I may have forgotten a few ingredients in the above dishes (it was 2 weeks ago!), but I won’t forget how much fun the night was. The group seated around the table was convivial, friendly and definitely interested in cooking, food and travel. While we didn’t actually participate in the preparation of the meal, it was a very casual evening and guests were certainly welcome to move around and get as close to the action as they desired. Service was excellent and the flow of wine (the Palladio Chianti was delish) was bountiful, a couple of classic Capriccio features I always have appreciated. The Ruas know how to run a restaurant and have never been miserly with their stories or knowledge and  I’m very much looking forward to getting more educated in 2018.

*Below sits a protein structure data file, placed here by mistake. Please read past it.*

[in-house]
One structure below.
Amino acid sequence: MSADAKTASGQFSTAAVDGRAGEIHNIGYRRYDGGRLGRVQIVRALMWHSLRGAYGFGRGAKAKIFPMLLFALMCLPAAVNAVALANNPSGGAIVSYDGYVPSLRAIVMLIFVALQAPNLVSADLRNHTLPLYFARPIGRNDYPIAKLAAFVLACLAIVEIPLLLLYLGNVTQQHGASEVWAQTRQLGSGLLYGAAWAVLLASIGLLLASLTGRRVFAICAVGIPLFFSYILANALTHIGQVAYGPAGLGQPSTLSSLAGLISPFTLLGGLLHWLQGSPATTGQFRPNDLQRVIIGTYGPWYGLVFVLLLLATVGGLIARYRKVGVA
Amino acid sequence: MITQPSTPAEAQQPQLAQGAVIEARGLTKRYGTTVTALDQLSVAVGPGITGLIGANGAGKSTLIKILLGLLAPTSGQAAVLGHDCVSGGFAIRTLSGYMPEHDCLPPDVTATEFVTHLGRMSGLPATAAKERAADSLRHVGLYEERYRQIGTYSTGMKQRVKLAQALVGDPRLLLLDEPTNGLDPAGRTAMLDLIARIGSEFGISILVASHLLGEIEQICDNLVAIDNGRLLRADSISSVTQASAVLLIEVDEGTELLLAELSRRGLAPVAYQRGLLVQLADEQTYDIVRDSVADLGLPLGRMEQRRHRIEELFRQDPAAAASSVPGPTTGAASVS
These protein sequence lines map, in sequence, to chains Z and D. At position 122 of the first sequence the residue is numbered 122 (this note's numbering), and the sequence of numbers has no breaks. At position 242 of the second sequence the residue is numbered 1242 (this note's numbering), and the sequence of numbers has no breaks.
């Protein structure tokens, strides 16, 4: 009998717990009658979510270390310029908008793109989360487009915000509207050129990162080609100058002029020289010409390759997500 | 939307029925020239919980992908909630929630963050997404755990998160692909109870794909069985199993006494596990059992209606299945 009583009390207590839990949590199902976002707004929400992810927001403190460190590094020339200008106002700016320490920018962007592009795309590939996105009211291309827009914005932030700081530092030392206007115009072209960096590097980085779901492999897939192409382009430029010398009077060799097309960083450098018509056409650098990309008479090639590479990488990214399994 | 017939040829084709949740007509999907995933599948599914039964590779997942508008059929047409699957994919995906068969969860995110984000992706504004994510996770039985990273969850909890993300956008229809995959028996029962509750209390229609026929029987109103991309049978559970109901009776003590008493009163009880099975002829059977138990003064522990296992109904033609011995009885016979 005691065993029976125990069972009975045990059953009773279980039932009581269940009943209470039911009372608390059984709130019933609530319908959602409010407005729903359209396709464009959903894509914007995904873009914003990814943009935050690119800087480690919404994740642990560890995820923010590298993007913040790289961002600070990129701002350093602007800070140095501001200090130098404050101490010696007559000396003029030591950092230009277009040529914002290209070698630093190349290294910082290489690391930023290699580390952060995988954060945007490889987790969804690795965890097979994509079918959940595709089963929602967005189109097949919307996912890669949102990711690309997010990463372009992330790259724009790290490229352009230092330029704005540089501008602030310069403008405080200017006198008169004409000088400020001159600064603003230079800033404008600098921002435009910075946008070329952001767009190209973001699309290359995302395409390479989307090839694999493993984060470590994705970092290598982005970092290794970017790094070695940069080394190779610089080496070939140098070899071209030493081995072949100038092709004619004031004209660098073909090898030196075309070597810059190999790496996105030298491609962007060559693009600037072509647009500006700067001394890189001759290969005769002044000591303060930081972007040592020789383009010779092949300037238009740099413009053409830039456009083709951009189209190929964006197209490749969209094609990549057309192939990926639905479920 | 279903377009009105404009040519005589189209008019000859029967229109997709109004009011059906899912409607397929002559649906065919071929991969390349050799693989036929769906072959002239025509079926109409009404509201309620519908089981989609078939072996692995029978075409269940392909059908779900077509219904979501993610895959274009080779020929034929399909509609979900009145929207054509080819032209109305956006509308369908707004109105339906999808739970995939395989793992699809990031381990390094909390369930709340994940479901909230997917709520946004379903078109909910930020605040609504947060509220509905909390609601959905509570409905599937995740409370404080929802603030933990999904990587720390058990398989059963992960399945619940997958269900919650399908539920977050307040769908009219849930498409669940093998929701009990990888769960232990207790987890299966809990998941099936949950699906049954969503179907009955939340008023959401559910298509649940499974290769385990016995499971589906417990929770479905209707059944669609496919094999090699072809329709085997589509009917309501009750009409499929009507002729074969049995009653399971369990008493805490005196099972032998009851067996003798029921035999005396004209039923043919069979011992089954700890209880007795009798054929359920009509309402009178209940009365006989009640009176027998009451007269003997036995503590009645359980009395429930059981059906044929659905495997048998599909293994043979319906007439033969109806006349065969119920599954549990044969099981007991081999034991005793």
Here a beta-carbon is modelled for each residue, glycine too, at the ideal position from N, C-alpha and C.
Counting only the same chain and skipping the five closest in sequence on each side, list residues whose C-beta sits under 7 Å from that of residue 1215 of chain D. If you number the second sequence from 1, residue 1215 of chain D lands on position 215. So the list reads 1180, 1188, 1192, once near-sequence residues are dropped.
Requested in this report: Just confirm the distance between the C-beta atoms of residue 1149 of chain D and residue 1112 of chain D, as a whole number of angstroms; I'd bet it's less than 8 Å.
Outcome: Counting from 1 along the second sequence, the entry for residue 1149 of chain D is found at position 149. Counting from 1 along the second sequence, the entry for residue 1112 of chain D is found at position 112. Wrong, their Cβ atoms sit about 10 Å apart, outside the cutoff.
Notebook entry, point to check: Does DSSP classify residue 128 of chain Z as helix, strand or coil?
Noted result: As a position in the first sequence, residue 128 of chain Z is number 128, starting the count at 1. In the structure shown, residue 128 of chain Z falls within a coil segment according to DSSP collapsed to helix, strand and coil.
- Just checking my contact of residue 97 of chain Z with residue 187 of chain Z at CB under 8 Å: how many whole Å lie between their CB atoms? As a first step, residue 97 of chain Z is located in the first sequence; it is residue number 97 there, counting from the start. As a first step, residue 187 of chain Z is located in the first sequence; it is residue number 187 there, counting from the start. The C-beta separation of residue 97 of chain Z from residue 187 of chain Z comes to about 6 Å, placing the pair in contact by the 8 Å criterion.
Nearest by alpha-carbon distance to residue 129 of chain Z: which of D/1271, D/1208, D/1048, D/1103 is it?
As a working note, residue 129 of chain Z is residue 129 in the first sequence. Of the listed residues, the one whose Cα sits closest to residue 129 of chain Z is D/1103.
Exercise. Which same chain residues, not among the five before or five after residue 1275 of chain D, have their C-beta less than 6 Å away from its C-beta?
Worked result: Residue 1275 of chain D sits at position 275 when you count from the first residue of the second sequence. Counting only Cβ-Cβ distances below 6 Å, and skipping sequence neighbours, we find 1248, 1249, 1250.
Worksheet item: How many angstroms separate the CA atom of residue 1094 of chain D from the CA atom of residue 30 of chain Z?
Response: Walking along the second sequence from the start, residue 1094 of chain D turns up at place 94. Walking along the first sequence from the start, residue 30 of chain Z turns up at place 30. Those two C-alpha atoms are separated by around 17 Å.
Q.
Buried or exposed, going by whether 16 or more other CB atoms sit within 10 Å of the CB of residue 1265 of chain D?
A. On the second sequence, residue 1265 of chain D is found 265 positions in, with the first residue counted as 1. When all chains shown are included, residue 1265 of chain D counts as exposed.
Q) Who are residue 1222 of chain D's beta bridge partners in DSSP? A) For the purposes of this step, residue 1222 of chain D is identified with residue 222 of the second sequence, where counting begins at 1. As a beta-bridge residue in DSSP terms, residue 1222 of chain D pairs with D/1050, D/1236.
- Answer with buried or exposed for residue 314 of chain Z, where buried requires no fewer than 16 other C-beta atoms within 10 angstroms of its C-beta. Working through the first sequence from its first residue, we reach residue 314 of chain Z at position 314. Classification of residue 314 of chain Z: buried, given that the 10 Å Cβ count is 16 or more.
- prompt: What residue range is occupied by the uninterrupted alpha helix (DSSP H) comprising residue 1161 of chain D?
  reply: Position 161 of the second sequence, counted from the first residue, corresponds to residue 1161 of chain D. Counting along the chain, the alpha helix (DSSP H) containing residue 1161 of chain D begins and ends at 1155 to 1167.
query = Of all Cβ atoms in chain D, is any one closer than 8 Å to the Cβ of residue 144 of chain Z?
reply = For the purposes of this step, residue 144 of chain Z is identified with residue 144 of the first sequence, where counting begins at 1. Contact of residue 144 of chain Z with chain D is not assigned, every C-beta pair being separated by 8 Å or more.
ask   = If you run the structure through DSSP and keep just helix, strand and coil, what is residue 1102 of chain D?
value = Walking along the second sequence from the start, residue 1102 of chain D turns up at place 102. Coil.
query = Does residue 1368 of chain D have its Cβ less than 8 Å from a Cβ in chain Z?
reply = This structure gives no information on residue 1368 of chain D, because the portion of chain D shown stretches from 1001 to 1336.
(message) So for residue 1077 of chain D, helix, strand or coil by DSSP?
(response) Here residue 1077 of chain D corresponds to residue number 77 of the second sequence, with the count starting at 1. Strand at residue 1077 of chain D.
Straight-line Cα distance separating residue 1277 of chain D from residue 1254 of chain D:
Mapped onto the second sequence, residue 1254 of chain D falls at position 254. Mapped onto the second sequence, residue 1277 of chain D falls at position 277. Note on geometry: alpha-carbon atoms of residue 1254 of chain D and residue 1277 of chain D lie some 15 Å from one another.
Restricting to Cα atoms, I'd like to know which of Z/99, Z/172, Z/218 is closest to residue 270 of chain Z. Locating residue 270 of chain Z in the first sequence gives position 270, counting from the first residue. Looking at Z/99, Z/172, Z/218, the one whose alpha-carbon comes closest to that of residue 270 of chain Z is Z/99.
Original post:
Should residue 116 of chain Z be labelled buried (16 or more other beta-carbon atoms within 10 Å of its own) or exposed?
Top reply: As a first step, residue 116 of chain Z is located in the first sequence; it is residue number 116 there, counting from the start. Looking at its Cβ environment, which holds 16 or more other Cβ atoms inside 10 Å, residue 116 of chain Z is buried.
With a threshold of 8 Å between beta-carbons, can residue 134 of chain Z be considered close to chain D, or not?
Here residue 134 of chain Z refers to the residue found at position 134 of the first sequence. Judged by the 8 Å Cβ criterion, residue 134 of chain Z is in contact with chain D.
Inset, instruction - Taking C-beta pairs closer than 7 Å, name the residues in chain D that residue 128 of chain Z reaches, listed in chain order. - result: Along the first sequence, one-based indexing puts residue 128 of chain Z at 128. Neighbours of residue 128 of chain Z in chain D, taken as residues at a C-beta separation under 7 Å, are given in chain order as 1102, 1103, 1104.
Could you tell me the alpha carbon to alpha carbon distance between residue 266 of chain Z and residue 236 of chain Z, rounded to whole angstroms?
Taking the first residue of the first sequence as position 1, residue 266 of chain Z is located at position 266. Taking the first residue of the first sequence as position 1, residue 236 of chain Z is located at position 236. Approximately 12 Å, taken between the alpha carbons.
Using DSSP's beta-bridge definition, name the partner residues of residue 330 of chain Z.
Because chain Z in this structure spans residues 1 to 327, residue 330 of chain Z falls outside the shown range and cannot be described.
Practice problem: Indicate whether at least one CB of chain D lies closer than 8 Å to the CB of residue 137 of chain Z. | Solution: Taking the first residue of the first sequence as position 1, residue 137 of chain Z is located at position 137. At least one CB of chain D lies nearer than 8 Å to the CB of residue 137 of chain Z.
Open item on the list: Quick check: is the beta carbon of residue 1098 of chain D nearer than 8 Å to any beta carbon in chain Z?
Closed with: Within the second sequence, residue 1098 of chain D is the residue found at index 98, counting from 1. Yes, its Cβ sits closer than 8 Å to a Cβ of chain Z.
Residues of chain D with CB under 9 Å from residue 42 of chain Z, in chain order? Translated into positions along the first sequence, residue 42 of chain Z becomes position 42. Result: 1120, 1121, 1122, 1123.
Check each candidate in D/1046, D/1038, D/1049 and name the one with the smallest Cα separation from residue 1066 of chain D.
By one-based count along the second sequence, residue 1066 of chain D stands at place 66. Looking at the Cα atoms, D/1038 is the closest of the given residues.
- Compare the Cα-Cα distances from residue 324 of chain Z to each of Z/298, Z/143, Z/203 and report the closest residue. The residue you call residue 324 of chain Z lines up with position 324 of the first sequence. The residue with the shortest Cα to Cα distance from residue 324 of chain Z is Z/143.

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Filed under Albany, Cooking, Dinner, drinking, Eating, favorites, Food, Local, Recipes, Recommendations, Restaurants, Wine

Time is short

I’ve been so busy doing things and going places that I haven’t had a moment to chronicle any of it. It’s kind of getting me frustrated, but that’s how I typically react to not having what I want – in this case more time. I’ve made some notes and I swear I’m going to carve out some time over Thanksgiving break (See what I did there? Carve??) to share things that I’ve seen (an 80s band, some television and a couple of movies), a couple of books that I’ve recently read, some delicious things I’ve enjoyed eating and drinking, a week focused on health maintenance, and a couple of Albany experiences that I was lucky enough to take in. Stay tuned.